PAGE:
Regular tree languages, cardinality predicates, and addition-invariant FO

Authors Frederik Harwath, Nicole Schweikardt

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Frederik Harwath
Nicole Schweikardt

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Frederik Harwath and Nicole Schweikardt. Regular tree languages, cardinality predicates, and addition-invariant FO. In 29th International Symposium on Theoretical Aspects of Computer Science (STACS 2012). Leibniz International Proceedings in Informatics (LIPIcs), Volume 14, pp. 489-500, Schloss Dagstuhl – Leibniz-Zentrum für Informatik (2012)


This paper considers the logic FOcard, i.e., first-order logic with cardinality predicates that can specify the size of a structure modulo some number. We study the expressive power of FOcard on the class of languages of ranked, finite, labelled trees with successor relations. Our first main result characterises the class of FOcard-definable tree languages in terms of algebraic closure properties of the tree languages. As it can be effectively checked whether the language of a given tree automaton satisfies these closure properties, we obtain a decidable characterisation of the class of regular tree languages definable in FOcard. Our second main result considers first-order logic with unary relations, successor relations, and two additional designated symbols < and + that must be interpreted as a linear order and its associated addition. Such a formula is called addition-invariant if, for each fixed interpretation of the unary relations and successor relations, its result is independent of the particular interpretation of < and +. We show that the FOcard-definable tree languages are exactly the regular tree languages definable in addition-invariant first-order logic. Our proof techniques involve tools from algebraic automata theory, reasoning with locality arguments, and the use of logical interpretations. We combine and extend methods developed by Benedikt and Segoufin (ACM ToCL, 2009) and Schweikardt and Segoufin (LICS, 2010).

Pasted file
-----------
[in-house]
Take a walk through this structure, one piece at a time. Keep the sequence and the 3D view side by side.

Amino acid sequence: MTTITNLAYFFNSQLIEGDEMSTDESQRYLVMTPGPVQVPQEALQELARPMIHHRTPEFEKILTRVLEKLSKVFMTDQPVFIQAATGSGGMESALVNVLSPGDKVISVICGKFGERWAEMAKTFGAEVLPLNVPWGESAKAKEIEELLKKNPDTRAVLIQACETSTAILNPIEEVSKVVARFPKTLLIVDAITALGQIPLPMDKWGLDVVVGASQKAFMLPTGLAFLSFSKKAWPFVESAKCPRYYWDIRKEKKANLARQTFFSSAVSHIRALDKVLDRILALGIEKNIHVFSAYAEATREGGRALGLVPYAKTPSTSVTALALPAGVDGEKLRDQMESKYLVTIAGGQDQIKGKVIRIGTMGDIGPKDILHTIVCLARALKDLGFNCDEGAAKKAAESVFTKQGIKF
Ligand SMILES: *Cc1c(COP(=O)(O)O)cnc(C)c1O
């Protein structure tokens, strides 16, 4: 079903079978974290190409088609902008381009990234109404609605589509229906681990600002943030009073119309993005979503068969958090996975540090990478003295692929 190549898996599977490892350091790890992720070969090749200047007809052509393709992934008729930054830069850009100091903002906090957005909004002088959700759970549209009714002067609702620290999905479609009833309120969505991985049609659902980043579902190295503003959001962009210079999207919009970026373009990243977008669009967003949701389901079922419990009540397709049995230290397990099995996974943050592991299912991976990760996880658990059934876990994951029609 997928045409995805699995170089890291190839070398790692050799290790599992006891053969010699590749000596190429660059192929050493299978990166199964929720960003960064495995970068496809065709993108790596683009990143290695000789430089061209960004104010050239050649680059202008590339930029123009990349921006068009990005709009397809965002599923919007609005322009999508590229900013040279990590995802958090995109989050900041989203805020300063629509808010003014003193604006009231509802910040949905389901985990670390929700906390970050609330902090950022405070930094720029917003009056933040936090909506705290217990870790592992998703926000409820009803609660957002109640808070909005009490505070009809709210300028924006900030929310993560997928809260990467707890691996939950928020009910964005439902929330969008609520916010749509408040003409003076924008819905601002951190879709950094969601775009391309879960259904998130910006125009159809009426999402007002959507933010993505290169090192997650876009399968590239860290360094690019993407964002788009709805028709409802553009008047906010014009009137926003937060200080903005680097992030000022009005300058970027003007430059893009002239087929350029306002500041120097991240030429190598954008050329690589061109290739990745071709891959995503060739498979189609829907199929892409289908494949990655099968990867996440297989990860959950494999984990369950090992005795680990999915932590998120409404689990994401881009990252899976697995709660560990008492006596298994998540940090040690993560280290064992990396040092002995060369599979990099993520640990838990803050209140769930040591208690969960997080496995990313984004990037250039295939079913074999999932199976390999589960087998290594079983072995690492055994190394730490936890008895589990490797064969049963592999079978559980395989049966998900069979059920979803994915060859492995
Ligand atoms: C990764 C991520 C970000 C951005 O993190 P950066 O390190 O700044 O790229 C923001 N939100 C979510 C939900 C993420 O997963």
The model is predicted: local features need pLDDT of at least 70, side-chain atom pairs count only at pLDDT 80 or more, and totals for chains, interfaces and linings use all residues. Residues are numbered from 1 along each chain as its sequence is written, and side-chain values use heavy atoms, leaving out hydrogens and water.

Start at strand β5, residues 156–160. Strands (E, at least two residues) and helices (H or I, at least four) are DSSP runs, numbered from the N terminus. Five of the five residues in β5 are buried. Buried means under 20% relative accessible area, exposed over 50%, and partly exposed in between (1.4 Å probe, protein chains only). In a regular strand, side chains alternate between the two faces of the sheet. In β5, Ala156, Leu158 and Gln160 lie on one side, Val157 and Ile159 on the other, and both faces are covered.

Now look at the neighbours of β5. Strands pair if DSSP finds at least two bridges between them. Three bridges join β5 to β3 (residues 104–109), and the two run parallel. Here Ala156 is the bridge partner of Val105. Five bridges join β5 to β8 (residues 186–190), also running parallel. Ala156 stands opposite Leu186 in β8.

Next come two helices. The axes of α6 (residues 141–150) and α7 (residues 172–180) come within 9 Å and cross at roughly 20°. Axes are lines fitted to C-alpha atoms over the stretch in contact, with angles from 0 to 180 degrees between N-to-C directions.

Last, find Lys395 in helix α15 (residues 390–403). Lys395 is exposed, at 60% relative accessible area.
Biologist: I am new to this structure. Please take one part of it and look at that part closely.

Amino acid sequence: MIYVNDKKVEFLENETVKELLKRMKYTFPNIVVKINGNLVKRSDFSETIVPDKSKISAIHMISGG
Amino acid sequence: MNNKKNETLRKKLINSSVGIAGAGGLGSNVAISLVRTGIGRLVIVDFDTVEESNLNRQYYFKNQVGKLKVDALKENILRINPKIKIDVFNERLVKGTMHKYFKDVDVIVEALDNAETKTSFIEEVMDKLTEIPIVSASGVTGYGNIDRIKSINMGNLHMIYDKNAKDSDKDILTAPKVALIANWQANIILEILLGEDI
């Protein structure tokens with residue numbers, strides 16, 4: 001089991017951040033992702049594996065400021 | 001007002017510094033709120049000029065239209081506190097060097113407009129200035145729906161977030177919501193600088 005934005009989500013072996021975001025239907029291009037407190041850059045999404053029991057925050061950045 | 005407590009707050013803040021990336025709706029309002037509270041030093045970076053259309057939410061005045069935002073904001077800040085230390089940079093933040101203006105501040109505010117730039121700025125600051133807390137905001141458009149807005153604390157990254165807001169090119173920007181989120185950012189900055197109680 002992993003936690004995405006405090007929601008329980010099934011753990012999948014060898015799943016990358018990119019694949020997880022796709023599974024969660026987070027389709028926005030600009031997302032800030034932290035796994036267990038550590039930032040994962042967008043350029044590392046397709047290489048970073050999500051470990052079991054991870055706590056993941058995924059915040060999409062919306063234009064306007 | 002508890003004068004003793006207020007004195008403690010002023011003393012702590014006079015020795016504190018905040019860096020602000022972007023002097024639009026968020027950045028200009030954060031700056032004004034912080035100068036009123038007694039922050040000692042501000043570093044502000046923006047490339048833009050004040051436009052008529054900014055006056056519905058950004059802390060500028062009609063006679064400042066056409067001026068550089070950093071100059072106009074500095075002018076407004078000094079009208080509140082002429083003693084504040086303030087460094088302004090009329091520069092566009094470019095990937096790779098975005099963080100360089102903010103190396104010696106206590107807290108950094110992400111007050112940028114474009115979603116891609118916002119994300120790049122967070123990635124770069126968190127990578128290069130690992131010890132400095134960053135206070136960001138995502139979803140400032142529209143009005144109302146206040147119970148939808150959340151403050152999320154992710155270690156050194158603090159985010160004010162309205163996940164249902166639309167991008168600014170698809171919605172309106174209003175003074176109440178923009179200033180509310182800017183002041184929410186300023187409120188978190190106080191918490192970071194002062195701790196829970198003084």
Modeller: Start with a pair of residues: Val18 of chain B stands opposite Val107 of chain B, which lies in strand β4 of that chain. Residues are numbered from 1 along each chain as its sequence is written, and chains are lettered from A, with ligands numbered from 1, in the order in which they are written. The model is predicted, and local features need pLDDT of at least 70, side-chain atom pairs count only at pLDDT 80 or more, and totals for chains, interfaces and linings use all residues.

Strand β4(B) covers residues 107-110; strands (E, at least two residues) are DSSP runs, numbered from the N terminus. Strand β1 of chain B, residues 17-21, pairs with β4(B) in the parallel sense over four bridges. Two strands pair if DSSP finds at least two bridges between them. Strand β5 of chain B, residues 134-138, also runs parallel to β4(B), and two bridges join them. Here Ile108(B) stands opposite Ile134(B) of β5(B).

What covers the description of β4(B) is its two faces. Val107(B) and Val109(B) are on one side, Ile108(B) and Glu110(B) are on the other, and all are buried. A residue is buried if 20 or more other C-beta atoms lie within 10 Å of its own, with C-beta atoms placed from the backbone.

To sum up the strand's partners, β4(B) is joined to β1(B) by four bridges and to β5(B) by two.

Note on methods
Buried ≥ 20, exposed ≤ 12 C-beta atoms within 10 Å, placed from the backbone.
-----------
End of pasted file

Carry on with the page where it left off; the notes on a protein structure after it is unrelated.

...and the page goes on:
• regular tree languages
  • algebraic closure properties
  • decidable characterisations
  • addition-invariant first-order logic
  • logical interpretations


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